Long-term mortality in patients with germ cell tumors: Effect of primary cancer site on cause of death

Shaheen R. Alanee, Darren R. Feldman, Paul Russo, Badrinath Konety

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20 Scopus citations


Objectives: To examine the effect of extragonadal tumor site on the risk for cardiovascular, hematopoietic malignancies, and solid cancer-related causes of death. Patients and methods: Male patients diagnosed with germ cell tumors (GCTs) between 1973 and 2008 were identified from the Surveillance, Epidemiology and End Results database, and stratified by the site of primary cancer (mediastinal and nonmediastinal extragonadal vs. gonadal). Using competing risk analysis restricted to events that happened at least 5 years after diagnosis, we examined the possible effect of primary tumor site on the risk for death related to hematopoietic malignancies, cardiovascular disorders, and solid cancers in the study cohort. Results: Of 37,283 patients included in our analysis, 17,715 were diagnosed with nonseminomas and 19,568 with seminomas. Eight hundred and twenty four patients (2%) were diagnosed with primary mediastinal GCTs and 1,469 (4%) with nonmediastinal extragonadal tumors. Patients with mediastinal GCTs had an increased risk for death related to hematopoietic malignancies (hazard ratio [HR] = 8.84; 95% confidence interval [CI]: 3.16-24; P<0.0001) and cardiovascular disorders (HR = 4.45; 95% CI: 2.52-8.0; P<0.0001), but no significant difference in risk of dying of solid cancers (HR = 1.46; 95% CI: 0.36-5.9; P = 0.59) compared to patients with gonadal GCTs. Patients with nonmediastinal extragonadal GCTs had a significantly increased risk for dying of cardiovascular disorders (HR = 2.75; 95% CI: 1.67-4.51; P<0.0001), but not a significantly different risk for dying of hematopoietic malignancies (HR = 0.93; 95% CI: 0.13-6.84; P = 0.94) or solid cancers (HR = 1.45; 95% CI: 0.68-5.0; P = 0.23) compared with patients with gonadal GCTs. Conclusions: Patients with GCTs and extragonadal primary sites have an increased risk for death from cardiovascular disease and hematopoietic malignancies compared to those with gonadal GCTs, and could benefit from more intense preventive measures to decrease the risk of death related to these disorders.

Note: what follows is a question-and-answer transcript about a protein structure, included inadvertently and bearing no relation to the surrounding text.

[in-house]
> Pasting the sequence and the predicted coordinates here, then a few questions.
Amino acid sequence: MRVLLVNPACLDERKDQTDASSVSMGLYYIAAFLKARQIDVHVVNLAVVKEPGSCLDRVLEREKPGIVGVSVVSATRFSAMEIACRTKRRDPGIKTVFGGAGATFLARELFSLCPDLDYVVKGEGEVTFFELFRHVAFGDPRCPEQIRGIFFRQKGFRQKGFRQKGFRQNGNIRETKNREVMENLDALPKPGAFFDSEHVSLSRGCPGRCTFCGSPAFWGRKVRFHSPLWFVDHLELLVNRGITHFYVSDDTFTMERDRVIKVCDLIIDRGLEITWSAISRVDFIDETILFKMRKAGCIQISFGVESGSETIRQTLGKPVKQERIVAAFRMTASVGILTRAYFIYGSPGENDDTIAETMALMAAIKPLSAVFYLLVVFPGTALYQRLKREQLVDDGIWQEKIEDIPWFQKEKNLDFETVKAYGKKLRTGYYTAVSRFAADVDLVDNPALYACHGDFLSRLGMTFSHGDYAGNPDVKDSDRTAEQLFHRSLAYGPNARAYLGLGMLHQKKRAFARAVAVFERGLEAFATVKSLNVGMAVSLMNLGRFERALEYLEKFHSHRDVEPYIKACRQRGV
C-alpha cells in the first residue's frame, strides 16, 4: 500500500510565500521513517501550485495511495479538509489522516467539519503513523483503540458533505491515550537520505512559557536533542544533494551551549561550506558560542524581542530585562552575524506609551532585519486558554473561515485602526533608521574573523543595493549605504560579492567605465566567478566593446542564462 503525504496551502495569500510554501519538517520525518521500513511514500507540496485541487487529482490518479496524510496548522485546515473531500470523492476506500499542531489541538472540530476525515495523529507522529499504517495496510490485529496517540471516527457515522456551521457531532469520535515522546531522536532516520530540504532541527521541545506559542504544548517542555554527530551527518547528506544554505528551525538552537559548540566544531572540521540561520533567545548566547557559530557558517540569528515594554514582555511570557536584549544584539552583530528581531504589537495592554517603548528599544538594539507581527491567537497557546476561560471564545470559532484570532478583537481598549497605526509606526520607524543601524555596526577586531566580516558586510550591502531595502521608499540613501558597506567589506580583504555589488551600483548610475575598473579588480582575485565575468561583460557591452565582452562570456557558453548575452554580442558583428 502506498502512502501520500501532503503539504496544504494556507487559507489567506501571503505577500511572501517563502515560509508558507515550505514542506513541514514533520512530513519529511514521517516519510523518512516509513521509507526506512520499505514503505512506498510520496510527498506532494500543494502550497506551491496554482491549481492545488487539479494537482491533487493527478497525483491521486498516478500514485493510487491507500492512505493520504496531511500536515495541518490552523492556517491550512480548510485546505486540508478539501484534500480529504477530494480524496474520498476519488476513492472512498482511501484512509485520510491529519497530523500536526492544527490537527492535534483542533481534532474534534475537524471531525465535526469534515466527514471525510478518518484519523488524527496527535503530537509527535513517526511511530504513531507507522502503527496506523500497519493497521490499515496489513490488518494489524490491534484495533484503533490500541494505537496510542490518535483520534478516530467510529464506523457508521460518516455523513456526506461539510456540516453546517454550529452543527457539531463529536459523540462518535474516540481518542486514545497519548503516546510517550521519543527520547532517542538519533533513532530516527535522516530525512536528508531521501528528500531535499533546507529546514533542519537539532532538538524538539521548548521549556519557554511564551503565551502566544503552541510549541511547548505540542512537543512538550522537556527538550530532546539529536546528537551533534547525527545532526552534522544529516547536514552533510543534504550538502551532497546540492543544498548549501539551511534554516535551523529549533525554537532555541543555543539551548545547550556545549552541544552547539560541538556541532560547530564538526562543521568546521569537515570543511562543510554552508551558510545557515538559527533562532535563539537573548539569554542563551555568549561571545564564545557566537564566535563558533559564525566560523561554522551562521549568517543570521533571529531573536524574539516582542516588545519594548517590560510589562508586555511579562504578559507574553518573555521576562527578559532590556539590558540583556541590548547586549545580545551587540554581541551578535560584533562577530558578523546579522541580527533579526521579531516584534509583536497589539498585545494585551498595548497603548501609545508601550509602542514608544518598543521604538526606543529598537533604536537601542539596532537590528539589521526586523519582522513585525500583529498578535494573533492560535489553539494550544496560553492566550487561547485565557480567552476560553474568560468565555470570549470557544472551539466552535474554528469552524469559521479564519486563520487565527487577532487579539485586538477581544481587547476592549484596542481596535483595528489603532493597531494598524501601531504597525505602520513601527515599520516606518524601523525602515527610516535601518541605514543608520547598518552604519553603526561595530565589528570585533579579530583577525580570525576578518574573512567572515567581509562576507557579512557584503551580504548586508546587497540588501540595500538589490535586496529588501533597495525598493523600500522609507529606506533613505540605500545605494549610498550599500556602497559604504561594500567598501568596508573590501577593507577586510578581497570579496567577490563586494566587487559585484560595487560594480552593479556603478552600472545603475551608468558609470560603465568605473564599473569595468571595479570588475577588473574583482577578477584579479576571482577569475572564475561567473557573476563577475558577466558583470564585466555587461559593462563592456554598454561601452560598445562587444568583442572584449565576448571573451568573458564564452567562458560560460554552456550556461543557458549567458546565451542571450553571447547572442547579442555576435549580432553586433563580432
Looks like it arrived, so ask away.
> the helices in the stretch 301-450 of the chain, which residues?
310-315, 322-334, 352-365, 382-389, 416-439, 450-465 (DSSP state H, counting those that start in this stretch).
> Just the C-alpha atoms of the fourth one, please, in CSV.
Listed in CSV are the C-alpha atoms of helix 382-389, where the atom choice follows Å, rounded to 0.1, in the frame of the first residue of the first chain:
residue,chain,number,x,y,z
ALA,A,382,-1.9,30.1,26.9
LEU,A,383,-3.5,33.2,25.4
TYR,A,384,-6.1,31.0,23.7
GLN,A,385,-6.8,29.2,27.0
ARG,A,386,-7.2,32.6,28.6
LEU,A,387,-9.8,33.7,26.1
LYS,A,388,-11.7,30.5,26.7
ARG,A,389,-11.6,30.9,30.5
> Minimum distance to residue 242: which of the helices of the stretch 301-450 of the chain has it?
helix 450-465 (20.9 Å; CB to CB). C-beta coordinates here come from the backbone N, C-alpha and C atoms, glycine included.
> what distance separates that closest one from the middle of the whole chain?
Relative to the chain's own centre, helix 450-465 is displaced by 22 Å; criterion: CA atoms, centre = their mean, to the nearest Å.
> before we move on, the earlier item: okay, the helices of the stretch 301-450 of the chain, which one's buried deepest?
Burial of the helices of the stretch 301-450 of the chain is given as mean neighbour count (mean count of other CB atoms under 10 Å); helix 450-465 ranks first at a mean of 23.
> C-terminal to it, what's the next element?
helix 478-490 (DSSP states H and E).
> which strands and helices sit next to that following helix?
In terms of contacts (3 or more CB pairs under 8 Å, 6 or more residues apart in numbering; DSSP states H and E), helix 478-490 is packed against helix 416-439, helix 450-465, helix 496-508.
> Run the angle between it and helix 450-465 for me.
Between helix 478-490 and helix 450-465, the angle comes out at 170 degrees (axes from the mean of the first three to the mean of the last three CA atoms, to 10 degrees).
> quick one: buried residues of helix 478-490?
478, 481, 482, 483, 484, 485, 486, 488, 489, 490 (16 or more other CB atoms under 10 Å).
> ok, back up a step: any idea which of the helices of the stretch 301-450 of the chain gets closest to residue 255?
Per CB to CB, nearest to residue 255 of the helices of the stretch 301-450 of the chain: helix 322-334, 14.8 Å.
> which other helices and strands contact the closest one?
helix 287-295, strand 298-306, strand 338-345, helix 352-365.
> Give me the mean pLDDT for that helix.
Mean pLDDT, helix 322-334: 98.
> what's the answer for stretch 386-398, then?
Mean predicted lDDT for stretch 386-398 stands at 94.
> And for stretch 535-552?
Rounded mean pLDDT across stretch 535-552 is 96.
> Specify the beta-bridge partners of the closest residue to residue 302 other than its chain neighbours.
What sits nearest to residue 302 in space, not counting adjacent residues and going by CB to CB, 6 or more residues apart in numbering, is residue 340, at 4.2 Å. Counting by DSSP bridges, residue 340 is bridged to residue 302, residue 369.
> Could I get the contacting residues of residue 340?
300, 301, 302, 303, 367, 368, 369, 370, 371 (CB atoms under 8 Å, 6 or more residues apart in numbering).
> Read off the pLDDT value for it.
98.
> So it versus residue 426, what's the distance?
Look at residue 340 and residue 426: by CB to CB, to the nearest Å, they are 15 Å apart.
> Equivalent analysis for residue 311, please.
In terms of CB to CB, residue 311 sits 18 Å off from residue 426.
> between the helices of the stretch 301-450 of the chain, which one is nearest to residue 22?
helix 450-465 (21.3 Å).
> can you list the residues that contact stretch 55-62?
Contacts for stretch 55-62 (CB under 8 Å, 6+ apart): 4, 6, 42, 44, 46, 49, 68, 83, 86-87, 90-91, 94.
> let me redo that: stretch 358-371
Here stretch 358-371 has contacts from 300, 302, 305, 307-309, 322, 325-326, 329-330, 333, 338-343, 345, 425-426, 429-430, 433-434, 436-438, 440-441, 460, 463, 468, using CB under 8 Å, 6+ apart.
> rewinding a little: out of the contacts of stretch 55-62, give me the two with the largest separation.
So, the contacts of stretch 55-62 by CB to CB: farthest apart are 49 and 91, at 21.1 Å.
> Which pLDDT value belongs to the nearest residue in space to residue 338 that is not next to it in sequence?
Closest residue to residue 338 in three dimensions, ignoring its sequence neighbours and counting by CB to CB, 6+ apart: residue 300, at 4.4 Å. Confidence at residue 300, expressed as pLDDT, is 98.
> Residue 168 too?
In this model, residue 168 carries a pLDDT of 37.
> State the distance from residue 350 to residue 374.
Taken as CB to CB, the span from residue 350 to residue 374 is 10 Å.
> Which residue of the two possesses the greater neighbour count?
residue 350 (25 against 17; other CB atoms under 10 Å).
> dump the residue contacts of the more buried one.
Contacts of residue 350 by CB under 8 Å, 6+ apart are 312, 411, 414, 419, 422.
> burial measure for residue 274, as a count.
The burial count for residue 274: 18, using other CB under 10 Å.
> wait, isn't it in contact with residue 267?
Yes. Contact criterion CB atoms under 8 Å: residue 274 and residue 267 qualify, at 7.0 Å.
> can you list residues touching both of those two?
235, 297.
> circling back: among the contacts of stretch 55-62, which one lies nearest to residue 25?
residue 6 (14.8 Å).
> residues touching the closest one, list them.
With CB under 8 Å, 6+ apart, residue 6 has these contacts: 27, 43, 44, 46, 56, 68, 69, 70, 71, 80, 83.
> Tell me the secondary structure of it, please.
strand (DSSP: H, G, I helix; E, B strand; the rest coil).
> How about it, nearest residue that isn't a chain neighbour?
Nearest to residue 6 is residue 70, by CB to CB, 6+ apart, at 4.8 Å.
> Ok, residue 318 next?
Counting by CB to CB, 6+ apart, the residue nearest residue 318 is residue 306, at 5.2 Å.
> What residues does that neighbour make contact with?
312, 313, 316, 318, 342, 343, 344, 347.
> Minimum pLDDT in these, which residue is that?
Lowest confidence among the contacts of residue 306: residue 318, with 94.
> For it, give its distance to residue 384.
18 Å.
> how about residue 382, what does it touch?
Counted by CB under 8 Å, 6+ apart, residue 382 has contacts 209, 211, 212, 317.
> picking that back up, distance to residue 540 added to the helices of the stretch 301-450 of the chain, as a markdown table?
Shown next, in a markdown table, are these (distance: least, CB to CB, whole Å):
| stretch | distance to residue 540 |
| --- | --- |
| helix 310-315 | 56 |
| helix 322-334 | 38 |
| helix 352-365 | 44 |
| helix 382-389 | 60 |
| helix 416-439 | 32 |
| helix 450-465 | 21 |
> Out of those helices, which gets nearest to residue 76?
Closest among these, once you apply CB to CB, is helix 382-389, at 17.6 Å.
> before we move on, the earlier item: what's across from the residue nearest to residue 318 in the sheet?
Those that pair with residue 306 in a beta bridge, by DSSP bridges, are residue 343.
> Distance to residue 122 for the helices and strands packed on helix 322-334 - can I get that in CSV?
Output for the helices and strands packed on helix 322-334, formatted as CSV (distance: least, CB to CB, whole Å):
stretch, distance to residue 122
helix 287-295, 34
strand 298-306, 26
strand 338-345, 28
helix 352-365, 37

Original languageEnglish (US)
Pages (from-to)26.e9-26.e15
JournalUrologic Oncology: Seminars and Original Investigations
Issue number1
StatePublished - Jan 2014


  • Extragonadal primary
  • Germ cell tumor
  • Mediastinum
  • Risk assessment


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